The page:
• GAMBLING LEGISLATION TO AFFECT ECHO's BOTTOM LINE

    21 October 2006

    Newspaper

    PACIFIC COAST BUSINESS TIMES
    Bill Lascher
    Staff Writer
    10/20/06

    Fallout from legislation targeting Internet gambling has landed in Ventura County.

    Camarillo-based Electronic Clearing House Inc., or ECHO, announced that its annual report for the fiscal year ended Sept. 30 would look different after the Unlawful Internet Gambling Enforcement Act of 2006 was signed by President George W. Bush Oct. 13. The law prevents companies from accepting payments for Internet gambling and requires financial institutions and payment processors to stop any payments that could be used for Internet gambling.

    “We’ve always known that it was possible that our Congress would try to legislate morality,” ECHO Chairman and Chief Executive Officer Joel M. Barry said.

    ECHO processes debit and credit card transactions and clears checks for clients throughout the United States. It has been caught on the fringes of the high-tech dragnet because it also processes fund transfers for a popular internet technology that is sometimes used to pay for Internet gambling.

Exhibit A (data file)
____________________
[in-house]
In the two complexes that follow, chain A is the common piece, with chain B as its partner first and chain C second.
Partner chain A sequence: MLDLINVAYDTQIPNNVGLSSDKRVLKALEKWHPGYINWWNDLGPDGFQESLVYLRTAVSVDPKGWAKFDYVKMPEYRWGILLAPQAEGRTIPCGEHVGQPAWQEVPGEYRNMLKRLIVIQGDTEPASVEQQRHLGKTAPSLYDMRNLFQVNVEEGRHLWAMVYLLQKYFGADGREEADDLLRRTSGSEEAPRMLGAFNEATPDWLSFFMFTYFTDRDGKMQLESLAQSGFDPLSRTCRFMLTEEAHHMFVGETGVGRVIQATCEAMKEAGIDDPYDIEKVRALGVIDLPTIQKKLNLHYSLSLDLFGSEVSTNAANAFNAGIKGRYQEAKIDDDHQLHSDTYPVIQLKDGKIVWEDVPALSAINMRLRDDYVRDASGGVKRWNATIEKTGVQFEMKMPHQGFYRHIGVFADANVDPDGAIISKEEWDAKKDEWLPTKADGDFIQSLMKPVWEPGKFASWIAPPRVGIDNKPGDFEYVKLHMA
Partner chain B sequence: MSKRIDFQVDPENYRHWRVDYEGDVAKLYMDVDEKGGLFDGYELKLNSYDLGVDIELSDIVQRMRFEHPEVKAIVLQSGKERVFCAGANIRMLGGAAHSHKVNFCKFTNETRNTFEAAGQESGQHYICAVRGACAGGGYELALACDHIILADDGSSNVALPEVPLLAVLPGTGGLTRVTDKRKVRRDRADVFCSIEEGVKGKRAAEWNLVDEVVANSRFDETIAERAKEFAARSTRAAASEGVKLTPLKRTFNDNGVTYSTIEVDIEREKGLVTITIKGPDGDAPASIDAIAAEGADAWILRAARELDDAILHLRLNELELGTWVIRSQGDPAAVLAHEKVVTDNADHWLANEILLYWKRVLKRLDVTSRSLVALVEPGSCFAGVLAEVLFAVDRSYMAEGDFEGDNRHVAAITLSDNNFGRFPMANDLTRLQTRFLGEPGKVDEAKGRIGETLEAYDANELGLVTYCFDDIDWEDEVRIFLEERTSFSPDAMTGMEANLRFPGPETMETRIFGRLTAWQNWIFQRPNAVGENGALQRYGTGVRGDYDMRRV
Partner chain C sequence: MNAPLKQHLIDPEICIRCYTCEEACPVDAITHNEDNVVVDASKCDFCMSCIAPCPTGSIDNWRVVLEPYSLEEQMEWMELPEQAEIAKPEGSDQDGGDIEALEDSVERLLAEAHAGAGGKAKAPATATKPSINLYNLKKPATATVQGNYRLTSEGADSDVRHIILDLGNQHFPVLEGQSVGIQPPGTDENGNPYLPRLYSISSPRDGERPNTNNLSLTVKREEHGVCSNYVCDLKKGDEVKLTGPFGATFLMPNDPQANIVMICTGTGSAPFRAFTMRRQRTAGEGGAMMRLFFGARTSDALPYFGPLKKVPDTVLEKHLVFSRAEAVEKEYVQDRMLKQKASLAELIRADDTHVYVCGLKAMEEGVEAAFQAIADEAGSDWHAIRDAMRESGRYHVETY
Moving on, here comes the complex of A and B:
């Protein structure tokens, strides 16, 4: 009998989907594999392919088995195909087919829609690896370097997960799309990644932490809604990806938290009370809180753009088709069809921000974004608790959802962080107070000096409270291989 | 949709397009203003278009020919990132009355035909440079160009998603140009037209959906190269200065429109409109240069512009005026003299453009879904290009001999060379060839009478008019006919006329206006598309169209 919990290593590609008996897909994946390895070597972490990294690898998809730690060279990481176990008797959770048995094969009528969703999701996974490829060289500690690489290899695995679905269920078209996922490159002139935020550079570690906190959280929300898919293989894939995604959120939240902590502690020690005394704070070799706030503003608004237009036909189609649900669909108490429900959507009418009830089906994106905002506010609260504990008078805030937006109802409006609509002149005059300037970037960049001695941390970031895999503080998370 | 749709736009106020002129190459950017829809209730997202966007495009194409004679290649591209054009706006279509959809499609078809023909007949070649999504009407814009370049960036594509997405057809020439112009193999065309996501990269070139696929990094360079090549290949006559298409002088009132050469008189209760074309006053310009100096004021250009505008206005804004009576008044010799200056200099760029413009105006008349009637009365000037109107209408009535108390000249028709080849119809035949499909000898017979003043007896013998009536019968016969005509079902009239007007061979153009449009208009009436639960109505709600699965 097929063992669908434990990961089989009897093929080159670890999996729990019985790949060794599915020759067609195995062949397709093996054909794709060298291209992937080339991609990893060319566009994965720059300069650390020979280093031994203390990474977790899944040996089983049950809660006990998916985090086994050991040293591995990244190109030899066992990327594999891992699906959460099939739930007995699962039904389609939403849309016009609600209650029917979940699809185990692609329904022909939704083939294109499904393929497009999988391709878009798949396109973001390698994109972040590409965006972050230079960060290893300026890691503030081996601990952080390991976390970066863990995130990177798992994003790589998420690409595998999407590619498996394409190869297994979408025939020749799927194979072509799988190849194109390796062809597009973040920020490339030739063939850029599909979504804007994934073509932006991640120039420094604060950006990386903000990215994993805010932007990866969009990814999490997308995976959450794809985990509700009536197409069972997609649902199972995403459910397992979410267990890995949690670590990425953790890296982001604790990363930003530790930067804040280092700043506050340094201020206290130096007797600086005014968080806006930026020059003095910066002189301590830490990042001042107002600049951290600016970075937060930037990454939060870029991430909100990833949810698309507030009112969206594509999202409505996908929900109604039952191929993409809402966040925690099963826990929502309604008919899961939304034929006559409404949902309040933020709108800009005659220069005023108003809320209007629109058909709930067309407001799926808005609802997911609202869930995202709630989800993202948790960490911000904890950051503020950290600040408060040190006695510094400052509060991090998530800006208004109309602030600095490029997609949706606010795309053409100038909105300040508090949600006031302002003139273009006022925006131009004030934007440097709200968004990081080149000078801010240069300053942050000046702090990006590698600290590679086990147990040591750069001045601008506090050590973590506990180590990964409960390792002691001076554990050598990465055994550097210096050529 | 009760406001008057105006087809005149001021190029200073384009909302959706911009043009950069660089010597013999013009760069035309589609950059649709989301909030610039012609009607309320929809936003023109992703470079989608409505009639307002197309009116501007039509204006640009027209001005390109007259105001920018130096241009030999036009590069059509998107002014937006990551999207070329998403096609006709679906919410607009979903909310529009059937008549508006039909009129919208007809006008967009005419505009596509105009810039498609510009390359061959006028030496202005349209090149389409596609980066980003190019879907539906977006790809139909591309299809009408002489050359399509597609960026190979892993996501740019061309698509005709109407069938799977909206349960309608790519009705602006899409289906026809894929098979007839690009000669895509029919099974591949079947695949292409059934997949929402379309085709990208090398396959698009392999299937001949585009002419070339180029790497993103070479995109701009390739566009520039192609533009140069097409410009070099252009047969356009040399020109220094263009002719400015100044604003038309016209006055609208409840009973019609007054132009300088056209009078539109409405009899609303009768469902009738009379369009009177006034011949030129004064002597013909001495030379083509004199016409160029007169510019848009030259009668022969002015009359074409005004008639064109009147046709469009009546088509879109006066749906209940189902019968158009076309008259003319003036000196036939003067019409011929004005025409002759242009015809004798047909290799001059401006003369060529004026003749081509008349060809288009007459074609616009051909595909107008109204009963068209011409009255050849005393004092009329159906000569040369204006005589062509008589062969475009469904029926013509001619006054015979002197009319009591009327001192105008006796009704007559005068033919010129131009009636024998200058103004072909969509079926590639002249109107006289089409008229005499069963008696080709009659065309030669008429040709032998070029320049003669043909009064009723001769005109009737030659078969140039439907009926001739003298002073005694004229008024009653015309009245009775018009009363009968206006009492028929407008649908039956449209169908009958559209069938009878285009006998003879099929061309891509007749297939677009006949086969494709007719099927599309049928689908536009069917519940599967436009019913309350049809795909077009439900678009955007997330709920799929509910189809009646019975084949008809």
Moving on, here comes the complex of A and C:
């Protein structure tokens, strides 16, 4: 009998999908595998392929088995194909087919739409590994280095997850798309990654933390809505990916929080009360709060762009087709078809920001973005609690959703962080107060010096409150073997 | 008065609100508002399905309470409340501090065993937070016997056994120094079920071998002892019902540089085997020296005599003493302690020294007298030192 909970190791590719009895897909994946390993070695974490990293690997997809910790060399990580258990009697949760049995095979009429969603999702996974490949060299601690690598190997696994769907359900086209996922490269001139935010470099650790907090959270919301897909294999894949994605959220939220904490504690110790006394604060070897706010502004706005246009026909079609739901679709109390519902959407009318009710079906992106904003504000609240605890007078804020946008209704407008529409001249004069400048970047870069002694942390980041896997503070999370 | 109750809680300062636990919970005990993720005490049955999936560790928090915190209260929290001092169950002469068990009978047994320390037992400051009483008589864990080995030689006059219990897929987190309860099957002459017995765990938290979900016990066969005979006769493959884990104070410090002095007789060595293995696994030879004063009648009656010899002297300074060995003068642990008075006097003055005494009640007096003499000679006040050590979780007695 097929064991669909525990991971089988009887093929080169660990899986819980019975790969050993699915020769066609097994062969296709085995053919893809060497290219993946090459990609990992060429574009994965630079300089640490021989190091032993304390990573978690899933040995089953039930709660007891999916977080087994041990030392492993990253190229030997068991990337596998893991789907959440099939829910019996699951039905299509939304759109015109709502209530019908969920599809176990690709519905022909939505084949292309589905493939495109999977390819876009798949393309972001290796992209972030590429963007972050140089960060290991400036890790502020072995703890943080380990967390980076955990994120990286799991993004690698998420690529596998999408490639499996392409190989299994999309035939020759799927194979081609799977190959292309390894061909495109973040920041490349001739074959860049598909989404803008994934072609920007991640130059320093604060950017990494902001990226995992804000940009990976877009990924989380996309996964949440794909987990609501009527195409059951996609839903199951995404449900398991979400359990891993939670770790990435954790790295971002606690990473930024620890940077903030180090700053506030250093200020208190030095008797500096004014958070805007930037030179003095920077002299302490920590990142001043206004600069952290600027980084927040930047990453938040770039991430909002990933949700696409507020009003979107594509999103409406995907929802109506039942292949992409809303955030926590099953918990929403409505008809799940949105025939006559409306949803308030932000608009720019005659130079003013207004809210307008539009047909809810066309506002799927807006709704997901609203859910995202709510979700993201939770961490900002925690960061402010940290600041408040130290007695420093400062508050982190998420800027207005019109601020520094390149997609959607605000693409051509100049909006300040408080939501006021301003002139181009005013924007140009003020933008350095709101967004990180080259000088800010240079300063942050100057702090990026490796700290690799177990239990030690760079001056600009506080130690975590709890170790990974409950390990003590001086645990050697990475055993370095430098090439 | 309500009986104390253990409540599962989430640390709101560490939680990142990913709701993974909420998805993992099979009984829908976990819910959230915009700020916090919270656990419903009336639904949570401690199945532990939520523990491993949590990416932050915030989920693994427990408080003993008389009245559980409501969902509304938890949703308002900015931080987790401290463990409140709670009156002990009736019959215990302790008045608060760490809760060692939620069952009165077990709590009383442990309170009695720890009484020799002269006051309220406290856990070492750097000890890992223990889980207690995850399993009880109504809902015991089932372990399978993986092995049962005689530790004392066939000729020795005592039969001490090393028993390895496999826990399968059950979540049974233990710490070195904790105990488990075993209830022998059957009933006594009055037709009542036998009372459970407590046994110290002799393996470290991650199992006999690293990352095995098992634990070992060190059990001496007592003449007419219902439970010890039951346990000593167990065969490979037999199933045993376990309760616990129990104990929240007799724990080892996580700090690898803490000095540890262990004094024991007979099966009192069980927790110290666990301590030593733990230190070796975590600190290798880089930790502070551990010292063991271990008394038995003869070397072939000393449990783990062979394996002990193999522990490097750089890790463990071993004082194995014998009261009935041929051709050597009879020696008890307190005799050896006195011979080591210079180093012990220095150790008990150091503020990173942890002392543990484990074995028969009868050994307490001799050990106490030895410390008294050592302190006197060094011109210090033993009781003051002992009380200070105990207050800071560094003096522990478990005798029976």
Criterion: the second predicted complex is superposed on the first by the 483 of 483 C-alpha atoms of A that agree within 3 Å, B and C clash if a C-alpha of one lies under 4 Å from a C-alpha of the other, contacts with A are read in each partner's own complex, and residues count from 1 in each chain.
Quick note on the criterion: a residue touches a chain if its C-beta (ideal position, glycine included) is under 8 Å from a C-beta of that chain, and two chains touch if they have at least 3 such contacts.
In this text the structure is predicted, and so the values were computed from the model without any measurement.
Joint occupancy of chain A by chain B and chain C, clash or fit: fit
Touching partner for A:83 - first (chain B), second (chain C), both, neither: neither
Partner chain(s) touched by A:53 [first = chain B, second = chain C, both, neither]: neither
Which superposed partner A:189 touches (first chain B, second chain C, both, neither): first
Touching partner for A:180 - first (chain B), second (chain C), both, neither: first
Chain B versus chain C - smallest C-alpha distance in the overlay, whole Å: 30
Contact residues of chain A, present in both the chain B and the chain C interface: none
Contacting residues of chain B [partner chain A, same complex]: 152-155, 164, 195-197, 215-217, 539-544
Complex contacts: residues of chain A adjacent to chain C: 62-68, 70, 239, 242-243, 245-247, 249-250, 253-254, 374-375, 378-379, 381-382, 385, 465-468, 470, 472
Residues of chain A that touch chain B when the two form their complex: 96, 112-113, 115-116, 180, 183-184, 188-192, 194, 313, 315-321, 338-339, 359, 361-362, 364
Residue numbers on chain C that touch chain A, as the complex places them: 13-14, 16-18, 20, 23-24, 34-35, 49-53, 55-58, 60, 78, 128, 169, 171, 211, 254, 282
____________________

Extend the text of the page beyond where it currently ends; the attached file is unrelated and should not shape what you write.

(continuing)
Many ECHO customers offer a product known as an “Internet wallet.” Similar to the service offered by eBay-owned PayPal, these wallets allow users to deposit money into online accounts to be used at the user’s convenience to buy products, pay for services, or place a few bets on the pass line of a virtual craps felt. PayPal was the most popular such service for online gaming until it was purchased by eBay, which pulled it out of the industry.

    The new legislation does not prohibit Internet wallets. Instead, it requires their providers and companies like ECHO to block transactions connected to illegal online gaming. Although the law took effect upon its signing, it could be up to 270 days until federal agencies adopt guidelines for enforcing the law.

    ECHO Chairman and CEO Barry said that although his company will be able to work around the new regulations, they were developed for purely political reasons. Notably absent from the legislation were proscriptions of wagers on horseracing and state-sponsored lotteries.

    “The industry itself had had an active lobbying effort and had been assured that this would not happen,” Barry said. “It kind of undermines the logic of the congress to leave online horse racing alone. I think it was more of a political year calculation than a serious effort, but it’s going to have a lot of impact.”

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